Funding already approved for Augusta’s Howard Hill and other projects is in question as Gov. Paul LePage threatens to withhold Land for Maine’s Future bonds.
By Michael Shepherd, Staff Writer
Kennebec Journal news story
AUGUSTA — A project that would preserve the wooded backdrop to the Maine State House has a problem in the Maine State House.
Howard Hill is caught in a political battle: Gov. Paul LePage’s administration says the governor doesn’t want to sell $11.4 million in voter-approved bonds as he tries to gain support for a plan that would increase the amount of timber harvested on state land to pay for energy efficiency programs.
Critics have said the Republican is the only governor who has politicized the Land for Maine’s Future program like this. Last year, its board approved $9.1 million in funding for 30 projects across the state that encompass nearly 50,000 acres and protect deer wintering areas, forestland, campsites, water supplies, farms, sportsman access and more.
Among them was the Kennebec Land Trust’s proposed project on Howard Hill, which would transfer to the city of Augusta 164 acres of privately owned property running from Capitol Street in Augusta to the Hallowell city line. There’s a loose trail system there already, with views of the State House, the Kennebec River and Augusta’s east side.
Last year, the project was allocated $338,000 in LMF funding, getting a letter from the program’s board calling it “one among 30 outstanding projects selected.”
Theresa Kerchner, the trust’s executive director, said $1.2 million must be raised for the project. It has raised about the same amount as last year’s state funding — $338,000 — through private sources already, but she said delaying the award could harm project planning. Kerchner said LePage is “failing to live up to the promises and commitments he made.”
“Our business plan for the project is based on that award, so we’re very disappointed that we’re in the position we’re in, in terms of the LMF program,” she said. “So we have to wait it out.”
Bigger projects are in similar positions. In Somerset County, two massive conservation projects each got $1.5 million in funding last year.
The Cold Stream Forest Project includes more than 8,000 acres of deer wintering habitat north of The Forks, also preserving streams and more of the wild brook trout population than all of the rest of northern New England combined. Northeast of Moosehead Lake, the Seboomook Expansion would shelter 10,000 acres of land, preserving a snowmobile trail from Rockwood to Jackman.
David Trahan, executive director of the Sportsman’s Alliance of Maine, which has worked on the Cold Stream project, said withholding bonds could harm Maine’s rural economy. Studies conducted for the Maine Department of Inland Fisheries and Wildlife said hunting and fishing in Maine had a $550 million impact in 2013, supporting 6,700 jobs paying nearly $220 million in income.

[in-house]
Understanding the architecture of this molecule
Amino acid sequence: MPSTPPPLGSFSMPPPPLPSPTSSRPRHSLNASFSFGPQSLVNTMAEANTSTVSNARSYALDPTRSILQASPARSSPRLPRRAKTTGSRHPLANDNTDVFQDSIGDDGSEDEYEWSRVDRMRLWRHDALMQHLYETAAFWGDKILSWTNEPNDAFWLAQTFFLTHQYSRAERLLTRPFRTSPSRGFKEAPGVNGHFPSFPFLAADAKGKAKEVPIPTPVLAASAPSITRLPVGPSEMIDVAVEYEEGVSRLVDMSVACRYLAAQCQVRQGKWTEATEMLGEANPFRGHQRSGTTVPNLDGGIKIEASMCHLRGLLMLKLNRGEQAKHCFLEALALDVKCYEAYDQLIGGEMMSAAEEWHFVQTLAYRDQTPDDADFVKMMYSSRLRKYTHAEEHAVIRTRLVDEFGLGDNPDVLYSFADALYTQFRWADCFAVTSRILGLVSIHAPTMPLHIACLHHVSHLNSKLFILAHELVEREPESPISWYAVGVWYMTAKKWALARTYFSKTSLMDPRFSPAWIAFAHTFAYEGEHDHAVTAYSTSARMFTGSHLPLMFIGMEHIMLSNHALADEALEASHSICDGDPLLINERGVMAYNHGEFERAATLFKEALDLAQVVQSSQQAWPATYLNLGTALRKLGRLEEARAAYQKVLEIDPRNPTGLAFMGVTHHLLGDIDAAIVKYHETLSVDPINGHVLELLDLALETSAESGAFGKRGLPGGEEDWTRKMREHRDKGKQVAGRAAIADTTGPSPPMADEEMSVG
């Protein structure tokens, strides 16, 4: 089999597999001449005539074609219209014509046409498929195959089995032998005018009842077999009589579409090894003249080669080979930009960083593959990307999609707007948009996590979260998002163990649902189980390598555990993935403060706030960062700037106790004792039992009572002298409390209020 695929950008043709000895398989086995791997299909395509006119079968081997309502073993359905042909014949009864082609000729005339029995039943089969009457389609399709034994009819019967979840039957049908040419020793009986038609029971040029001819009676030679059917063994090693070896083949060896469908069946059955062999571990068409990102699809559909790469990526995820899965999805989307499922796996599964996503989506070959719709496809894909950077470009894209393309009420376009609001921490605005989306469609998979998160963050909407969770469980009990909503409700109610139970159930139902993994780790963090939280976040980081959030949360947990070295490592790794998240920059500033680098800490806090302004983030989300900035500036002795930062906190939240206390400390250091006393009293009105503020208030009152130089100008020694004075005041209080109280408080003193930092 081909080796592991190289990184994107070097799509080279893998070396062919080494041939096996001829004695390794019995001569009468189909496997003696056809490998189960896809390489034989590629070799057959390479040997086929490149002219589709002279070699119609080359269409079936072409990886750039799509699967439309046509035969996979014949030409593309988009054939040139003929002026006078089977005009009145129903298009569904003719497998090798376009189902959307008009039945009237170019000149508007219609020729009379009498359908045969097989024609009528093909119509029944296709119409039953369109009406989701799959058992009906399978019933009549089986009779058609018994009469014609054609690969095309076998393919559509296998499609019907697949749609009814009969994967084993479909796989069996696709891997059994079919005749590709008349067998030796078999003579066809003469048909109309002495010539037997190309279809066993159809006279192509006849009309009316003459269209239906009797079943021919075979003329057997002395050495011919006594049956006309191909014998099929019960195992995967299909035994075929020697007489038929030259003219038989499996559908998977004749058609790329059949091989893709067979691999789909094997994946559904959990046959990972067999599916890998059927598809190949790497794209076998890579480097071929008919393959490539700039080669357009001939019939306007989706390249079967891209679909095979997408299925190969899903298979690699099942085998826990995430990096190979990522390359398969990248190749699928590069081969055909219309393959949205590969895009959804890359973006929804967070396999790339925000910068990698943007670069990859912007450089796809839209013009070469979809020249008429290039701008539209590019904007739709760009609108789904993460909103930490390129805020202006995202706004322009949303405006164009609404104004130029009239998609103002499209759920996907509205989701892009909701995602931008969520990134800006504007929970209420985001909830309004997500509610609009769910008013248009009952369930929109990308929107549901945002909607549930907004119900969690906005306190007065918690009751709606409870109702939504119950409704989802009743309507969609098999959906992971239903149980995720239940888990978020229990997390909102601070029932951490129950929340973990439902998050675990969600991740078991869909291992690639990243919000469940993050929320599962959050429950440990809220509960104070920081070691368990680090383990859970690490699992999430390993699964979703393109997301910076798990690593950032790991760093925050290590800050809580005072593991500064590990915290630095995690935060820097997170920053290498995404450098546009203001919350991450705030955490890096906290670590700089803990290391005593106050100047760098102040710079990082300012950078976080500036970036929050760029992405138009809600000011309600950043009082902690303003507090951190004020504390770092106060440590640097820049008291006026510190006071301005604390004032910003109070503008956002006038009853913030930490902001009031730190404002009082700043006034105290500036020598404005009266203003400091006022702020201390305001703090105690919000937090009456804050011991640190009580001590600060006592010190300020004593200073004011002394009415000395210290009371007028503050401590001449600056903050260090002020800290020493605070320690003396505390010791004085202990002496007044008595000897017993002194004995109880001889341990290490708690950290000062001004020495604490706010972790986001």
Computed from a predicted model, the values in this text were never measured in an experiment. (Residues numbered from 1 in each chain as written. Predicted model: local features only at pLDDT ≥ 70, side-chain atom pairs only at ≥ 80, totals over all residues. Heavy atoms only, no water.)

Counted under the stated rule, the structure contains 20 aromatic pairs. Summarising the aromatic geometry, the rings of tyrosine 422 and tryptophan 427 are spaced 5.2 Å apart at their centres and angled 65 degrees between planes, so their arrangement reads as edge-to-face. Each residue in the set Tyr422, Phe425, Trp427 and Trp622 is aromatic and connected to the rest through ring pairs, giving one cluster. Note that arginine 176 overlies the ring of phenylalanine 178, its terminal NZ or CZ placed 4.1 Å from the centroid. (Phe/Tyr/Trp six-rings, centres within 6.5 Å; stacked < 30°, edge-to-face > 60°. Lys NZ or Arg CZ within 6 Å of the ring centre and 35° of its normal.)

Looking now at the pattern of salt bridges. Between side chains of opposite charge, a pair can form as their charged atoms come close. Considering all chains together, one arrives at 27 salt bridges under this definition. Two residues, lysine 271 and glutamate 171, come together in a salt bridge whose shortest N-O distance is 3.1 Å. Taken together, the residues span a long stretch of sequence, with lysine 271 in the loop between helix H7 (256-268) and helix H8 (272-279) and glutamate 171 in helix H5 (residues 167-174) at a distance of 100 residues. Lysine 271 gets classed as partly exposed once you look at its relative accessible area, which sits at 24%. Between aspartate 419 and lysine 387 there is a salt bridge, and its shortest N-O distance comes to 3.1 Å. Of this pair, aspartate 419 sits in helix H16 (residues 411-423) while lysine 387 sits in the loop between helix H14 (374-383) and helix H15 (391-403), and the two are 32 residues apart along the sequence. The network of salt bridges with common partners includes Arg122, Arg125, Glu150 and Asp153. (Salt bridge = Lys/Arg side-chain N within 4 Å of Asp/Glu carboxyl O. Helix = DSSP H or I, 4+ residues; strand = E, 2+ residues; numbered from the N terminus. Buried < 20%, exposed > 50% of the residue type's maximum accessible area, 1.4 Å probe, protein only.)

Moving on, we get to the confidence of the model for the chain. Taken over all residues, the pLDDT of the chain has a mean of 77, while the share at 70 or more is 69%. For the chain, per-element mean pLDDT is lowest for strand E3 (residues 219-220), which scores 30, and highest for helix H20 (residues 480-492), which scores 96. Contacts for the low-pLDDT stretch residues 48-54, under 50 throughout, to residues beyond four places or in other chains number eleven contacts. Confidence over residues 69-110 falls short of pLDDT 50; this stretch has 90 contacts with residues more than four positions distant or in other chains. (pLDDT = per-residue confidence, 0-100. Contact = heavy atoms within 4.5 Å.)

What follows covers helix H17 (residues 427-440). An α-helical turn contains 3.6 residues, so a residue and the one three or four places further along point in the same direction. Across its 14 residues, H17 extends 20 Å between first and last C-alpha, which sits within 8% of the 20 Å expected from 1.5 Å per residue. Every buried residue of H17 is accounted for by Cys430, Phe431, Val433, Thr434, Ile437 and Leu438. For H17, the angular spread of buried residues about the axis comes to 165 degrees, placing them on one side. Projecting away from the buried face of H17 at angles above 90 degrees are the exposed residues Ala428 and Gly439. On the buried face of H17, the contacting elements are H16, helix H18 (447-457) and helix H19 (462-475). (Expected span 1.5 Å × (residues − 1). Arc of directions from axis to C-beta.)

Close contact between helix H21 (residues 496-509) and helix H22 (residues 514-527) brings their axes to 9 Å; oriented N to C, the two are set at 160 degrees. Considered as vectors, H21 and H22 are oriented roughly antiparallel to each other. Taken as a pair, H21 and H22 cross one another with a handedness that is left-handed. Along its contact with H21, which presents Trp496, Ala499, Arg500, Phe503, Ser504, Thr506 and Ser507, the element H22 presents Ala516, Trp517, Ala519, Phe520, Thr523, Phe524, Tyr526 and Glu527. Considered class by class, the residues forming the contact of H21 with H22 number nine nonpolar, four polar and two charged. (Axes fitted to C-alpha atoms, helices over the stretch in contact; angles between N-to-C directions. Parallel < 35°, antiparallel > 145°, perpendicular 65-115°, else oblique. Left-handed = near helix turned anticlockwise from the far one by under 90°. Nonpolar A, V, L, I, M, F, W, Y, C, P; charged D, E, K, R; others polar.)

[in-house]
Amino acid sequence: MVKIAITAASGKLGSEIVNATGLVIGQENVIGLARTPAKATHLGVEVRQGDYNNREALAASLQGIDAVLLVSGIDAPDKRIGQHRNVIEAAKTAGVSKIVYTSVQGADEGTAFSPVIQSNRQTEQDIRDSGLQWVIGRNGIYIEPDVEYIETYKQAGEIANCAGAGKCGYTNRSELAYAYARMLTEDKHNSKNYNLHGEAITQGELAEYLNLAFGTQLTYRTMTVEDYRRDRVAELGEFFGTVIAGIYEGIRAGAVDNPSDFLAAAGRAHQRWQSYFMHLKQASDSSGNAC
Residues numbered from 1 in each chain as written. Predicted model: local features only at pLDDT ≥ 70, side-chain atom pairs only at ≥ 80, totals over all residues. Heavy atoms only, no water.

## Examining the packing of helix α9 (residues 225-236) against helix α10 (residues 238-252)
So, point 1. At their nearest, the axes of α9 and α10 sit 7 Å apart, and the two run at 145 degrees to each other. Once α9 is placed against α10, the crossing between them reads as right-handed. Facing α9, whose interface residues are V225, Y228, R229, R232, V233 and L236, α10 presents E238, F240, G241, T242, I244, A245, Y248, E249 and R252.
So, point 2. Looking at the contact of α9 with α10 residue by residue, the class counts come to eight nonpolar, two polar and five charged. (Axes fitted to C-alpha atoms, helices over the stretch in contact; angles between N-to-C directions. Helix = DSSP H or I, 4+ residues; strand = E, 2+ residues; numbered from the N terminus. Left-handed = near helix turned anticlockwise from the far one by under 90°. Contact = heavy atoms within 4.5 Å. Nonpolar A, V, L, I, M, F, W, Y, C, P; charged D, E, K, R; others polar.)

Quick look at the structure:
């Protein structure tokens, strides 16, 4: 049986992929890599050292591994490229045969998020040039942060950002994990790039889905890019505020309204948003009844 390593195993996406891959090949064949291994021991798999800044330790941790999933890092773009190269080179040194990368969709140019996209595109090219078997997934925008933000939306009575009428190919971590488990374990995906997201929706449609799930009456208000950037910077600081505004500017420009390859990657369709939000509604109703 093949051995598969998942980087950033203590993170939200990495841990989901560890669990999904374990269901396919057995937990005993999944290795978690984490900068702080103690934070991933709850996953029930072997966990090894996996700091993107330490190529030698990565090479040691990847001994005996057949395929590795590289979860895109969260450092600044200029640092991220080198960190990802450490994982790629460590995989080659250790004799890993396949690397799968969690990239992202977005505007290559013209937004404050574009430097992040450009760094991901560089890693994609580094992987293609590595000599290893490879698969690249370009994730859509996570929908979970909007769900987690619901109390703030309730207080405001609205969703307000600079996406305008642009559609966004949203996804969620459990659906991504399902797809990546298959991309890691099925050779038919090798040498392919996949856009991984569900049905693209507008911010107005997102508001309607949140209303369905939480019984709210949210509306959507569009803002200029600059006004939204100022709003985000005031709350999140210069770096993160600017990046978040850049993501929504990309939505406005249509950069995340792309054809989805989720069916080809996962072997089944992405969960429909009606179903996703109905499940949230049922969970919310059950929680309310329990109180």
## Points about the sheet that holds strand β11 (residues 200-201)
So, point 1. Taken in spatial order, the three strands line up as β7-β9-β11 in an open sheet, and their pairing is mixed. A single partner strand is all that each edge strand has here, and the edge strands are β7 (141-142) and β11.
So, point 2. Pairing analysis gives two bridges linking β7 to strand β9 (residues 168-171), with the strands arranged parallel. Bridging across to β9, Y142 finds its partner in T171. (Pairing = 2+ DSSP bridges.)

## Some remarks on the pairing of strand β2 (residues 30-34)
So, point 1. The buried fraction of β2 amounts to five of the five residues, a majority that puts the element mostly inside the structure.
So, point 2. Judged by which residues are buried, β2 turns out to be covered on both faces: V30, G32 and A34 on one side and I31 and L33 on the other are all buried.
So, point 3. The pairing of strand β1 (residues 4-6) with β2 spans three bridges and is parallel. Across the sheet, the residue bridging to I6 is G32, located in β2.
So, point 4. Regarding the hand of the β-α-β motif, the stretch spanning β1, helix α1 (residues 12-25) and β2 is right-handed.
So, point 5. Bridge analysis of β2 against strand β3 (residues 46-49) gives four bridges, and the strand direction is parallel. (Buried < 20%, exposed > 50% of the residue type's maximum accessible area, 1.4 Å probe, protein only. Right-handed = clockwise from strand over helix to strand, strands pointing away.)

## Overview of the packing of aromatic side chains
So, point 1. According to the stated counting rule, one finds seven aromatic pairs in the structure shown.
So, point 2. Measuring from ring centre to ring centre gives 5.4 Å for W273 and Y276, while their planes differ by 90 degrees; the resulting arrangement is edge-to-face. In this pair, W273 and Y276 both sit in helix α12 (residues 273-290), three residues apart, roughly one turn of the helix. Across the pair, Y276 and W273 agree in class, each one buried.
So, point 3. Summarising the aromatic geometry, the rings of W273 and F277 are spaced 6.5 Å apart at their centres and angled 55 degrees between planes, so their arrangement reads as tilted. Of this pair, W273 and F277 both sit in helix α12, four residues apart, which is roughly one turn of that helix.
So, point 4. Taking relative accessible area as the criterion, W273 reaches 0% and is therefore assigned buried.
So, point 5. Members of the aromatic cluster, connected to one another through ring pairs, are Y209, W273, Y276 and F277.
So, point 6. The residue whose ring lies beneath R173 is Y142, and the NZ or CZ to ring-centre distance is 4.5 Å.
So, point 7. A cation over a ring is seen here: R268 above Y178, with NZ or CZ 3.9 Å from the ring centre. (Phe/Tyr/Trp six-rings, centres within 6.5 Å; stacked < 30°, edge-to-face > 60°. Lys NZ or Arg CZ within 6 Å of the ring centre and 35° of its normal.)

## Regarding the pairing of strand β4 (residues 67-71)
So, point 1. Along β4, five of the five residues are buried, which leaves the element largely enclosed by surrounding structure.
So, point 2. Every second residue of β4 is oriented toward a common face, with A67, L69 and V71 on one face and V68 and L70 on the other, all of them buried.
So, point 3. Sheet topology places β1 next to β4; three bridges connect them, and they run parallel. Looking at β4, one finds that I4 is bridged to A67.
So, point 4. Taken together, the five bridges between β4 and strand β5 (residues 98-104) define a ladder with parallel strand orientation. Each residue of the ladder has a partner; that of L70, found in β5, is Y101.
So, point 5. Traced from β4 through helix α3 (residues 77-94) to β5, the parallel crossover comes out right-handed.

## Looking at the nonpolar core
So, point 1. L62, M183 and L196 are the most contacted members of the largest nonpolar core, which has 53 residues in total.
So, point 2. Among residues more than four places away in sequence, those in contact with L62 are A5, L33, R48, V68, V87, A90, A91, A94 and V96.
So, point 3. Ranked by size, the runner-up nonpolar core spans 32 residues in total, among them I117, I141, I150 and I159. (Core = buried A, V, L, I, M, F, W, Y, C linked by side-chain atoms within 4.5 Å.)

“I hope that the governor’s office will reconsider what they’re doing,” said Trahan, a former Republican state senator, “and the reason is, this governor, throughout his administration, has talked about jobs and the economy.”
But in a statement, LePage spokeswoman Adrienne Bennett said the governor is not interested in “purchasing additional land” under the program, though some conservation projects funded by LMF keep land privately held.
She said he supports some of the projects, and he and his staff are reviewing them “to better understand the financial needs of the program.” However, she said “several of the organizations that are now demanding LMF funding opposed providing Mainers with money to keep their homes warm in the cold winter months.”
In 2014, a LePage proposal to use money generated by increased logging on public land to pay for residential efficiency programs was defeated in the Legislature amid opposition from Democrats and environmental groups.
They included the Maine Audubon Society and the Natural Resources Council of Maine, which have since criticized the governor for not releasing bonds, which he has five years to do. Bennett said LePage will re-introduce legislation to use $5 million from the timber harvest to pay for energy upgrades, and she said “supporting this proposal to help keep Mainers warm should be a no-brainer for these organizations.”
Land for Maine’s Future was established in 1987 when voters approved $35 million to buy land of statewide importance. Since then, projects in all 16 counties have been funded through state borrowing or direct appropriations from the Legislature, according to the program’s website.
Sen. Roger Katz, R-Augusta, said “it’s really unfortunate” that the Howard Hill project is tied up because of an unrelated issue, and that he has asked LePage to at least release the project’s share of funds.
“I’m hopeful that he’s considering it,” Katz said.